When I read these stories, I always question the characters’ motives. Couldn’t Gomer see how much Hosea loved her by the fact that he was always there for her? Why would she pursue other people? Hosea 2 gives insight to her reasoning. In Hosea 2:5, it says that Gomer would pursue other men because she thought they would give her “my food and water, my wool and flax, my oil and drink.” She pursued these men, because she thought they would give her what she needed to survive. Notably, these things are the basics of what she might need to live comfortably. Out of a lack of trust, she did not realize that she was actually missing out on the best things, because she was turning to these men to fulfill her desire for provision and possessions. In verse 8, it says, “She does not recognize that it is I who gave her the grain, the new wine, and the oil. I lavished silver and gold on her, which they used for Baal.” Gomer never realized that the person who would take the best care of her and give her the best things was the person that she continued to leave for other men, Hosea. 

Too often, we follow in the footsteps of Gomer and Israel. We pursue other gods that seem like they could give us satisfaction and comfort, like our families, boy/girlfriends, work, money, education, or our beliefs and ideologies. We don’t recognize that the best things in our life actually come from the one who we continue to leave behind, God. James 1:17 says, “Every generous act and every perfect gift is from above, coming down from the Father of lights.” God will continue to give us the best things in life, but we need to turn back to him. Don’t turn to other idols. God is infinitely better than anything the world could offer. 

~ Cayce Fletcher

 

Today’s Bible passage can be read or listened to on Bible Gateway – Hosea 1-7.

Tomorrow, we continue reading about the history of Judah and Israel in Hosea 8-14 – as we continue the 2020 Chronological Bible Reading Plan.

Repairing Relationships

2 Samuel 13-15

2 Samuel 14 14 NIV sgl

Have you ever been in a conflict where you feel extremely wronged in a situation? Everyone is like yes and amen. The story of our lives. Haha. Now secretly, to a really close friend you may be able to admit that you also did some wrong stuff, too; but there ain’t no way that anyone else is finding out about that. In fact, to all your friends you portray yourself as something resembling Jesus in the situation. I hope that you aren’t so disillusioned that you actually believe this has never happened to you. We really enjoy this social feedback loop.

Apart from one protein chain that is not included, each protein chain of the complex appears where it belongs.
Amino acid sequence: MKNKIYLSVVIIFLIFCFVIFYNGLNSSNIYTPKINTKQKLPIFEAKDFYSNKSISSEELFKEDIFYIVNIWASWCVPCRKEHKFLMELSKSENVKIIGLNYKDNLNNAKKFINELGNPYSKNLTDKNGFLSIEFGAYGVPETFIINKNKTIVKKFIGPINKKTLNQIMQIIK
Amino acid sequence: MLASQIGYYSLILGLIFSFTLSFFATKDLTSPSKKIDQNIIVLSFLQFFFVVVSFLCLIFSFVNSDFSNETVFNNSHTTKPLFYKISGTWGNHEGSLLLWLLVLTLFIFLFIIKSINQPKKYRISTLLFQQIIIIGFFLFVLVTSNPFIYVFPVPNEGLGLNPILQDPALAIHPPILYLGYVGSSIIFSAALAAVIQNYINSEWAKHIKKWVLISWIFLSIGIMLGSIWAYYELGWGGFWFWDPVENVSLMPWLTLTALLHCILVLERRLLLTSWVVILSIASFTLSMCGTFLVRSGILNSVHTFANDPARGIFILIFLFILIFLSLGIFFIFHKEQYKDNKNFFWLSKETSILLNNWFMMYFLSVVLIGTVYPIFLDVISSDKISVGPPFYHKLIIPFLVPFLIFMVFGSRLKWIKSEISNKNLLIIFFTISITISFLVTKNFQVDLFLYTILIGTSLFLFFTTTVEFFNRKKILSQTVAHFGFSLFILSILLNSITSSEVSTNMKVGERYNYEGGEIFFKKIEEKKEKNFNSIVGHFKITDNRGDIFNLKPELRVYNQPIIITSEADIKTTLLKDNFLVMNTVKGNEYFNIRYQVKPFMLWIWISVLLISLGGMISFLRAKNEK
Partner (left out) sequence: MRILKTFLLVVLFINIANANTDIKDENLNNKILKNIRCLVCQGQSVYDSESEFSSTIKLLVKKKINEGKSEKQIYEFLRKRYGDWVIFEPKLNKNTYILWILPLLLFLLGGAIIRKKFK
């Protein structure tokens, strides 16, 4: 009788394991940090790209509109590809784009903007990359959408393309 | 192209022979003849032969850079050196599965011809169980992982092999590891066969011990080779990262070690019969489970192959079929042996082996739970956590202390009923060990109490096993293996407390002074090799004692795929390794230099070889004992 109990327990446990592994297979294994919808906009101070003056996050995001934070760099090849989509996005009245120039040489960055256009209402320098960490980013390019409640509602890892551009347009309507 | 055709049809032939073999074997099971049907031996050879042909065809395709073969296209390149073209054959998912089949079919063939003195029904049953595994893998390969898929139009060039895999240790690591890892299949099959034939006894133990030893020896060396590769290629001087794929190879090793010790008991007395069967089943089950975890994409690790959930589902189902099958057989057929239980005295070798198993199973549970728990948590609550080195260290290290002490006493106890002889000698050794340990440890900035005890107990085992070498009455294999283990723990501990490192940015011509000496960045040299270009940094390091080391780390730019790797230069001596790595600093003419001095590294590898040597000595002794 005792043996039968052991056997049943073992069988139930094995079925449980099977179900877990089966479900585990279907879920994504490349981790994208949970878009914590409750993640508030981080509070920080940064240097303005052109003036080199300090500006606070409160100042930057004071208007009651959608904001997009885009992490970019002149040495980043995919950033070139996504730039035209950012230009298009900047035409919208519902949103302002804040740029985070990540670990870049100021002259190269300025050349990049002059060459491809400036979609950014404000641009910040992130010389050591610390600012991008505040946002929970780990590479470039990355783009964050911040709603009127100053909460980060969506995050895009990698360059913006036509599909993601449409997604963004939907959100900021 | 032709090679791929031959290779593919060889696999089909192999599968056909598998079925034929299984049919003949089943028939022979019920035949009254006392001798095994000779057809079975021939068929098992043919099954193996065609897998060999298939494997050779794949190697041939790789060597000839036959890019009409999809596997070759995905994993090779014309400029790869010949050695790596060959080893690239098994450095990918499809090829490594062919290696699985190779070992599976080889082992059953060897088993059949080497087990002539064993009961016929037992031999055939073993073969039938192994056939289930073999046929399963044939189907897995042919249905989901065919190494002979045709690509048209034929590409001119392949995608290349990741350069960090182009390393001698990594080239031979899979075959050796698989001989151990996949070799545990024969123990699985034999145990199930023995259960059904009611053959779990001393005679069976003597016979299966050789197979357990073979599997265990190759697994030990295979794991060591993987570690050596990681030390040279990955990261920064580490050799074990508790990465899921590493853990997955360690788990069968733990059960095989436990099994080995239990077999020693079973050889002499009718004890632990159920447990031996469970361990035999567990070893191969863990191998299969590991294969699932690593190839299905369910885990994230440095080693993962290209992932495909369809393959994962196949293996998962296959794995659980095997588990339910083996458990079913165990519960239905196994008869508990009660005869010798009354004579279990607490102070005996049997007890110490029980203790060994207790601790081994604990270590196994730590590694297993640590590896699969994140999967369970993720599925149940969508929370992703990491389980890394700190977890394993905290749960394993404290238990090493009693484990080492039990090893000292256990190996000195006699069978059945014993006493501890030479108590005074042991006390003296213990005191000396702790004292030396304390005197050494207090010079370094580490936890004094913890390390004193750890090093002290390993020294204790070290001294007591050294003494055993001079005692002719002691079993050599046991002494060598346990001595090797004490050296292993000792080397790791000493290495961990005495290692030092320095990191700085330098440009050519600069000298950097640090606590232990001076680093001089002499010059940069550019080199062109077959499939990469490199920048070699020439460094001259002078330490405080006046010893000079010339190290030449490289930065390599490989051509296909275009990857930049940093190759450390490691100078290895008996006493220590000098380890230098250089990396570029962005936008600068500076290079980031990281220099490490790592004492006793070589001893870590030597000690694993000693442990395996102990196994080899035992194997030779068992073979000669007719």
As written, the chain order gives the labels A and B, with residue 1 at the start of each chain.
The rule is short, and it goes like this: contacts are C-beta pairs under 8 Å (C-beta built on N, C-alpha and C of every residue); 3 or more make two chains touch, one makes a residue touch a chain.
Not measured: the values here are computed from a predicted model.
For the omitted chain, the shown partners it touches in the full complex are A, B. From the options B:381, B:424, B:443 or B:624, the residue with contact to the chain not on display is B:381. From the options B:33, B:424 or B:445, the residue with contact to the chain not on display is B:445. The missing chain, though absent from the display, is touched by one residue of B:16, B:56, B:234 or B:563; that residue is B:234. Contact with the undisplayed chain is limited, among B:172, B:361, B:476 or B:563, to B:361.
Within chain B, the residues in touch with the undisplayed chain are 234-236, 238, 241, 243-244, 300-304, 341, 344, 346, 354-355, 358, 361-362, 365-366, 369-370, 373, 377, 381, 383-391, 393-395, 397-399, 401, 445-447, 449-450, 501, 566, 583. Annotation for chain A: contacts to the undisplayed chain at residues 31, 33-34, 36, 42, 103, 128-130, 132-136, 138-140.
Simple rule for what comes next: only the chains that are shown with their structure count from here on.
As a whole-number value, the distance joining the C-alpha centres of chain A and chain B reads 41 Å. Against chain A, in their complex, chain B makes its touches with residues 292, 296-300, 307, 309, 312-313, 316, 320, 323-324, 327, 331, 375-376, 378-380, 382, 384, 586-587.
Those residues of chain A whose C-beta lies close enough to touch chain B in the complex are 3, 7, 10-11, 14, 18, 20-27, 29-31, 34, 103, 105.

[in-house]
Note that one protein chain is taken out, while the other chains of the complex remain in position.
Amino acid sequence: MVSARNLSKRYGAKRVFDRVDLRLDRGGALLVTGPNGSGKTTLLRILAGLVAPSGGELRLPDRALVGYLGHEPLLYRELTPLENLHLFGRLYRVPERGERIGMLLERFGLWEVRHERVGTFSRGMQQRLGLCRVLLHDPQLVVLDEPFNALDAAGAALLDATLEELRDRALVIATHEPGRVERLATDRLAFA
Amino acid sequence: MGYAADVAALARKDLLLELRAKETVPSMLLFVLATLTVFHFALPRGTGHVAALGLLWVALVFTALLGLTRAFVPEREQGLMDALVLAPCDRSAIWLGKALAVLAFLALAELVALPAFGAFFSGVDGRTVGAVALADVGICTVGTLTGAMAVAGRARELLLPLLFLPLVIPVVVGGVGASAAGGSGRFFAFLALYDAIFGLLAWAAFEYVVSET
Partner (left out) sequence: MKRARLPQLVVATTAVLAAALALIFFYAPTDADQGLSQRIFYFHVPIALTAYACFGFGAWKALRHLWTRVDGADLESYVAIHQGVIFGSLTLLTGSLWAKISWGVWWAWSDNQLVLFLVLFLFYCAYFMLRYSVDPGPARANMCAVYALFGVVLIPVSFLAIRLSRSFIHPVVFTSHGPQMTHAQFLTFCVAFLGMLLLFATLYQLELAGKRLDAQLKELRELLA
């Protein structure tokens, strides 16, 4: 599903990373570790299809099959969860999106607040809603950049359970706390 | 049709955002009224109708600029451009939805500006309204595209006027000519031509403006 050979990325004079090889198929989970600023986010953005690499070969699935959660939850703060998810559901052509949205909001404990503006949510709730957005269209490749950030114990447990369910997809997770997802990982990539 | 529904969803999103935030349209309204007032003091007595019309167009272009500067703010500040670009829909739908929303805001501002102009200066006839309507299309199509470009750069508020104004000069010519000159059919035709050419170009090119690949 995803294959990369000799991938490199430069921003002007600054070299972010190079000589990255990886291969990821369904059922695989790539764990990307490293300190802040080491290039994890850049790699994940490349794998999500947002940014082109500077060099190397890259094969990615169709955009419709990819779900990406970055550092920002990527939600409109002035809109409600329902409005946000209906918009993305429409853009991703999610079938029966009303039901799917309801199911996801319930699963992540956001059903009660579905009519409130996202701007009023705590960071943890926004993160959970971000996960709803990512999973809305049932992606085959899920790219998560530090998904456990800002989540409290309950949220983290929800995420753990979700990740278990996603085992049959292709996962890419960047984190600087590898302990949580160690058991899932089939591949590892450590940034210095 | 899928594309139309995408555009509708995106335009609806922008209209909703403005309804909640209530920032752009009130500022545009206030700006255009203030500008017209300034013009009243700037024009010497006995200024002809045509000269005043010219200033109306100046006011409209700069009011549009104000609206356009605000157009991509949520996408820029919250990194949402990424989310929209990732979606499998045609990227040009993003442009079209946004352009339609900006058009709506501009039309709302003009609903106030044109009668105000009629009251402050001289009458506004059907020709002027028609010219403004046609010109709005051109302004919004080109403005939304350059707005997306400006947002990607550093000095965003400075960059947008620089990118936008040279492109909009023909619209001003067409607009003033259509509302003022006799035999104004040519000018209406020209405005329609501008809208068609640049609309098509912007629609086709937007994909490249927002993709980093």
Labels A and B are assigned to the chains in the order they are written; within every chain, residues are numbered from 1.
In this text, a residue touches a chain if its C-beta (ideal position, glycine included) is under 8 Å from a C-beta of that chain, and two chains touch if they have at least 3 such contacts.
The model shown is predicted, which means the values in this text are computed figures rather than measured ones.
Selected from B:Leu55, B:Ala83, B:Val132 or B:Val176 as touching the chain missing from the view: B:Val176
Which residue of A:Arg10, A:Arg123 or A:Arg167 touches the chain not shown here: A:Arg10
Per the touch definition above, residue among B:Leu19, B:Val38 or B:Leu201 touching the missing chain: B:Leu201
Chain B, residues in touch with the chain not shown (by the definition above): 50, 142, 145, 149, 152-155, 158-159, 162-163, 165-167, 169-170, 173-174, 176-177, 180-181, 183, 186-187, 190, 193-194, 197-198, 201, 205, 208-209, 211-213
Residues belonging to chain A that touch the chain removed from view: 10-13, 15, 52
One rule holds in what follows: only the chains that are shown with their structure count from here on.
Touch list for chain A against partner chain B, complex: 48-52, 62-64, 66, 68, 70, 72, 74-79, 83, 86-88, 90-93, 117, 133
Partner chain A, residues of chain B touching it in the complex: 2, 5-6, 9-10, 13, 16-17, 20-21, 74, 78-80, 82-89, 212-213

There are other situations that come up in life where you have a single incident and then everything spirals out of control and that one incident ends up messing up everything in that relationship. I have totally had one of those.

It seems that there is nothing new under the sun because that is exactly what has happened with Absalom and David. The worst and most ridiculous thing about this story is that the catalyst to this relational tension didn’t even involve them. As you’ve read, this caused years of tension and problems and separation between father and son.

I am not going to speculate on whether David was right in not sentencing Amnon to death after rapping Tamar or whether Absalom should have killed his brother. There comes a certain point at which what has happened in life has happened. There is nothing you can do to change it and now you just need to live your life with the future in mind. In most of these cases keeping the tension and the bad blood in the relationship isn’t profitable to our own spiritual health and doesn’t promote godliness.

The section of today’s reading that I would like to discuss is 2 Samuel 13.37-39 and 2 Samuel 14.21-24, 28.  After Absalom killed Amnon, in worry and anxiety he fled to Geshur. It says that David mourned for his son in 2 Samuel 13.37. I am not sure which son he was mourning for but I believe that given the context of the paragraph and the verses around it the verse is telling us that David mourned for Absalom. This is also supported by v.39 where David says he longed to go out to Absalom. So why didn’t he?

David didn’t go out to seek his son Absalom, even though, he wanted to. He left him out in Geshur for 3 years. In fact, it wasn’t even David’s prompting that brought him back. Joab had to step in as mediator and be the counselor in this situation for Absalom to return. I think the responsibility falls on David to take the initiative to mend the relationship with his son instead of just leaving the situation in the wind. David essentially stuck his head in the sand and ignored the problem. Ultimately, this just caused problems between David and Absalom later on.

Finally, after Joab’s prompting David brings Absalom back to Jerusalem but tells Joab that Absalom can’t enter his presence. Absalom spends 2 years in Jerusalem before any action is taken in this relationship and the initiative once again wasn’t taken by David. It took Absalom saying it would have been better if I hadn’t left Geshur than to live like this and I would rather just have David do what seems right to me. Absalom hit the point where he would rather die if he had any guilt in him than live with this relational separation.